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5 Ways Real Estate Can Boost Baltimore


Building structures that transform a city is about more than making money. It is about adding value that can improve communities, according to speakers at Bisnow's Baltimore State of the Market event last week. They offered five ways in which real estate can improve the city.

1. Invest In Underserved Neighborhoods

Pinkard Properties president Katherine Pinkard, SA+A Development's Ernst Valery and Ballard Spahr partner and moderator Jon Laria

A decade ago, the Station North neighborhood could not compete as a desirable place to hang out on Friday nights or buy property. But significant investment in the neighborhood has resulted in new apartments, offices and restaurants and has changed the perception of the area, developer Ernst Valery said.

His company, SA+A Development, refurbished the Chesapeake building with offices and the Pen & Quill restaurant. Next to the Chesapeake, SA+A is constructing the Nelson Kohl Apartments with 103 units and a yoga studio, an art gallery and a Milk & Honey Market.

Valery encouraged the more than 500 real estate professionals who came to the event to think more like urban planners to "lay the groundwork for change" in Baltimore. And while everyone worries about gentrification, it brings new money to the neighborhood. But what developers want to avoid is displacement, Valery said.

"How do we make it inclusive for people who were there before?" he asked.

The Nelson Kohl Apartments, for instance, will contain mostly market-rate units with up to 20 affordable ones for artists.

"Real estate has to shift its paradigm to care about people," Valery said. "It's not just numbers. Millennials don't just care about money. They care about relationships and making this planet better."

A key selling point for Station North is that the Amtrak station sits at its gateway. But it is crucial that developers use placemaking so the station has a strong identity, Pinkard Properties president Katherine Pinkard said.

Unlike other cities that have capitalized on their historic train stations, Baltimore's Penn Station still is not a spot where Baltimoreans go to grab a drink. Pinkard Properties is part of the development team competing to redevelop Penn Station and the surrounding area.

2. Redevelop The Public Markets

A rendering of the new Lexington Market

Baltimore is sprucing up its public markets with the goal of providing affordable, quality foods that serve their neighborhoods, some of which are located in food deserts, Baltimore Public Markets Corp. director of development Dave O'Donnell said.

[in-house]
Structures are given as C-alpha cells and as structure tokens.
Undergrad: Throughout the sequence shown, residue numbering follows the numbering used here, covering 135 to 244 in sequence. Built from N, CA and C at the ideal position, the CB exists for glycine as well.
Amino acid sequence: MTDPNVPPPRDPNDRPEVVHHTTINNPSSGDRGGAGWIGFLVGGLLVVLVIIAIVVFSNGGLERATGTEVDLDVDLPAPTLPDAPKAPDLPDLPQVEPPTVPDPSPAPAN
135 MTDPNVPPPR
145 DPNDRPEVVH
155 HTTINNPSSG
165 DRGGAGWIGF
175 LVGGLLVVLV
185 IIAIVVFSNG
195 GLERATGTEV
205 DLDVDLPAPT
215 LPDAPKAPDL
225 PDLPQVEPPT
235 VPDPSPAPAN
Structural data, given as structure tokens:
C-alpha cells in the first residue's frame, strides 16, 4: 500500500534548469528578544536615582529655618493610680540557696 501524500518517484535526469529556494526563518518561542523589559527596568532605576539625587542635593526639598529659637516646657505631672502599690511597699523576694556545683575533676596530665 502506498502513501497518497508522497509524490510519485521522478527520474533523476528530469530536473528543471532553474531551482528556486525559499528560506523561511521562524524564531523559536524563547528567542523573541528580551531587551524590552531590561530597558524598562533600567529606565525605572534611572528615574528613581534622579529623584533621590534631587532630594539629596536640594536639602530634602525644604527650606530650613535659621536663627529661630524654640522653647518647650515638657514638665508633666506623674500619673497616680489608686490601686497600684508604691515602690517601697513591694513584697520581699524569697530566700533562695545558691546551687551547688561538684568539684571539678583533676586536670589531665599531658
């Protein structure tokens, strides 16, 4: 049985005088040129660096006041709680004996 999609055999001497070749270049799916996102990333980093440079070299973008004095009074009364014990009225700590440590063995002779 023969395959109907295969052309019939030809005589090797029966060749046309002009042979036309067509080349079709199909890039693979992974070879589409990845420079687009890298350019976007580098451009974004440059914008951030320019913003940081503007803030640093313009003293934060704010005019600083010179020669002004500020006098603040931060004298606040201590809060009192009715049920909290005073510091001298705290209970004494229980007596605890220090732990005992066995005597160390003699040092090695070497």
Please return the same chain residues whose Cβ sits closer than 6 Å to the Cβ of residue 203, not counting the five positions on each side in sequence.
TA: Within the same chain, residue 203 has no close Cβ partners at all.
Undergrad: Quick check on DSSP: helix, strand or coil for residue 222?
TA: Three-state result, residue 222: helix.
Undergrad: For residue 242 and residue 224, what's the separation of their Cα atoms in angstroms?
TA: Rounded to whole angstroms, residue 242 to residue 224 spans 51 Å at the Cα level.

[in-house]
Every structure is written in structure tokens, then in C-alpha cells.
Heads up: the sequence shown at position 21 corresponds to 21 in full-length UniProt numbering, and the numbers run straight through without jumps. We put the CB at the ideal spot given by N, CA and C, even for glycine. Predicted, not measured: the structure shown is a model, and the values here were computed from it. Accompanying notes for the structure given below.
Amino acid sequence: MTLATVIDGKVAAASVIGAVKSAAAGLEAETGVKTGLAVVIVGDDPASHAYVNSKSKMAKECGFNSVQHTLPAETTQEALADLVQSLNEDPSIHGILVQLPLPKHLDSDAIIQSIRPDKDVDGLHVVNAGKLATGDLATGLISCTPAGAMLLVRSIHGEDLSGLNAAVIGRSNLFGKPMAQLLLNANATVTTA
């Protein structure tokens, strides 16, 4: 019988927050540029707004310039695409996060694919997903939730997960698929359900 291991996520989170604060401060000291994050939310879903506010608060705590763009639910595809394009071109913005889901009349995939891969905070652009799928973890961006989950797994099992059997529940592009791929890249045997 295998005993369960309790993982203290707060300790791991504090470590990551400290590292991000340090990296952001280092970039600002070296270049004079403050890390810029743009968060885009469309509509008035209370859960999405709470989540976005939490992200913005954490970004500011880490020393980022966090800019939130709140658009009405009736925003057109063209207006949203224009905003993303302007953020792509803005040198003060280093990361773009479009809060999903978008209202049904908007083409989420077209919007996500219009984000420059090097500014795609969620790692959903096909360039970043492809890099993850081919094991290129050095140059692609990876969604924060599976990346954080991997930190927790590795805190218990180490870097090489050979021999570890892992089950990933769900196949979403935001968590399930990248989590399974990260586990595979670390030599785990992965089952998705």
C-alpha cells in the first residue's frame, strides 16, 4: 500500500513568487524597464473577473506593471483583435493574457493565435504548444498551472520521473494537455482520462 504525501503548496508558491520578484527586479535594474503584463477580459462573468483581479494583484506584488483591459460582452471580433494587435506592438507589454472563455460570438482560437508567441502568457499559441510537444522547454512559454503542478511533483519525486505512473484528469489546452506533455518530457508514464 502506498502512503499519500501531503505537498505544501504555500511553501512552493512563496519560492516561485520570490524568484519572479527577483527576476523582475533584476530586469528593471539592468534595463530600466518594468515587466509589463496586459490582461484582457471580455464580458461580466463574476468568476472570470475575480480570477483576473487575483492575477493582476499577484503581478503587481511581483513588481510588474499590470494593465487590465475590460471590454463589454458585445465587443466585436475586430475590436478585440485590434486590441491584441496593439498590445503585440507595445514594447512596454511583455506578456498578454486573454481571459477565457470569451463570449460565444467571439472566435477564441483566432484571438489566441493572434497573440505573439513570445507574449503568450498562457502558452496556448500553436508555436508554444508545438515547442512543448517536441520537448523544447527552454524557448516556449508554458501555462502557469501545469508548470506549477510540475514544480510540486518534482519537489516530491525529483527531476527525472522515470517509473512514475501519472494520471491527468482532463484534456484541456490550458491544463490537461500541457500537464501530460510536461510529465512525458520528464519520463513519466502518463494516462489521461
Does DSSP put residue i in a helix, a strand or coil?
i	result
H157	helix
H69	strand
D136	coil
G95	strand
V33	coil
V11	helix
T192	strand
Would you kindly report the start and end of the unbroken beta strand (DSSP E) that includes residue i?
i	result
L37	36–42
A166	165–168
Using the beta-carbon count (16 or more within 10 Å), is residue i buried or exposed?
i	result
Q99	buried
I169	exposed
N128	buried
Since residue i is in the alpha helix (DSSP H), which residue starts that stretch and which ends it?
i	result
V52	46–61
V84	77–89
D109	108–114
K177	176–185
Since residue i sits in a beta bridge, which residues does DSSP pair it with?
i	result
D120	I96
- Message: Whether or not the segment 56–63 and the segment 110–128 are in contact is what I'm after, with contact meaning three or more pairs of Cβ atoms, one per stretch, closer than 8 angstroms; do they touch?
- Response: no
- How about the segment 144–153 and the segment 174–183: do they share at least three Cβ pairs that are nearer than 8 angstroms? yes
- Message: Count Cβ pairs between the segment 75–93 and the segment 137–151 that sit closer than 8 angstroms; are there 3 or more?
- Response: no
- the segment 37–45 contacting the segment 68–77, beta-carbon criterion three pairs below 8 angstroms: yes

The city will start building a new $40M Lexington Market next year, next to the existing one, and has issued bids to redo Hollins Market and Broadway Market. After announcing plans to pull out of Cross Street Market, Caves Valley Partners' plan to overhaul the 170-year-old market is back on the table.

One of the goals of the Lexington Market is to diversify the tenant base with new offerings, including international foods, dairy and produce, rather than supply 13 delis.

"We want to be the best public market in the Northeast," giving Philadelphia's Reading Terminal Market a run for its money, O'Donnell said.

3. Get Community Input

Workshop Development partner Dick Manekin and Seawall founding member Donald Manekin

Developers who want to truly invest in the neighborhood should consider what the community needs, Seawall Development founding member Donald Manekin said.

"Get in the car and drive in the neighborhood," Manekin said. Getting community input was key to Seawall's projects in Remington. "We had the opportunity to sit on the stoops with people in the neighborhood and say 'this is your neighborhood.'"

Seawall's Remington projects include the recently developed R. House food hall, Remington Row apartments and Miller's Court, apartments for teachers and nonprofit offices.

4. Think Of Retail As Entertainment

Greenberg Gibbons CEO Brian Gibbons and COPT COO Paul Adkins

Today's business news is filled with reports of retailers shutting their doors as more shopping moves online. In order to compete with the online experience, retail needs to offer entertainment, regardless of whether it is in the city or county.

"We have to give you a reason to come to our projects," Greenberg Gibbons CEO Brian Gibbons said. "We want to make it an experience to come."

The $20M overhaul of the Shops at Kenilworth in Towson is one of Greenberg's latest projects, including anchor Trader Joe's, which debuted to great fanfare last month.

5. Add Street Life

COPT COO Paul Adkins and MacKenzie Capital president John Black

The long-standing vision to transform Pratt Street into a busy thoroughfare akin to Chicago's Michigan Avenue is coming to fruition. COPT is planning a two-story retail and restaurant addition to the Transamerica Tower at 100 Light St., COPT chief operating officer Paul Adkins said.

The focus on Pratt Street is part of the Columbia developer's shift in its portfolio from suburban to urban assets. It also has a $1B plan to transform 10 acres at Canton Crossing.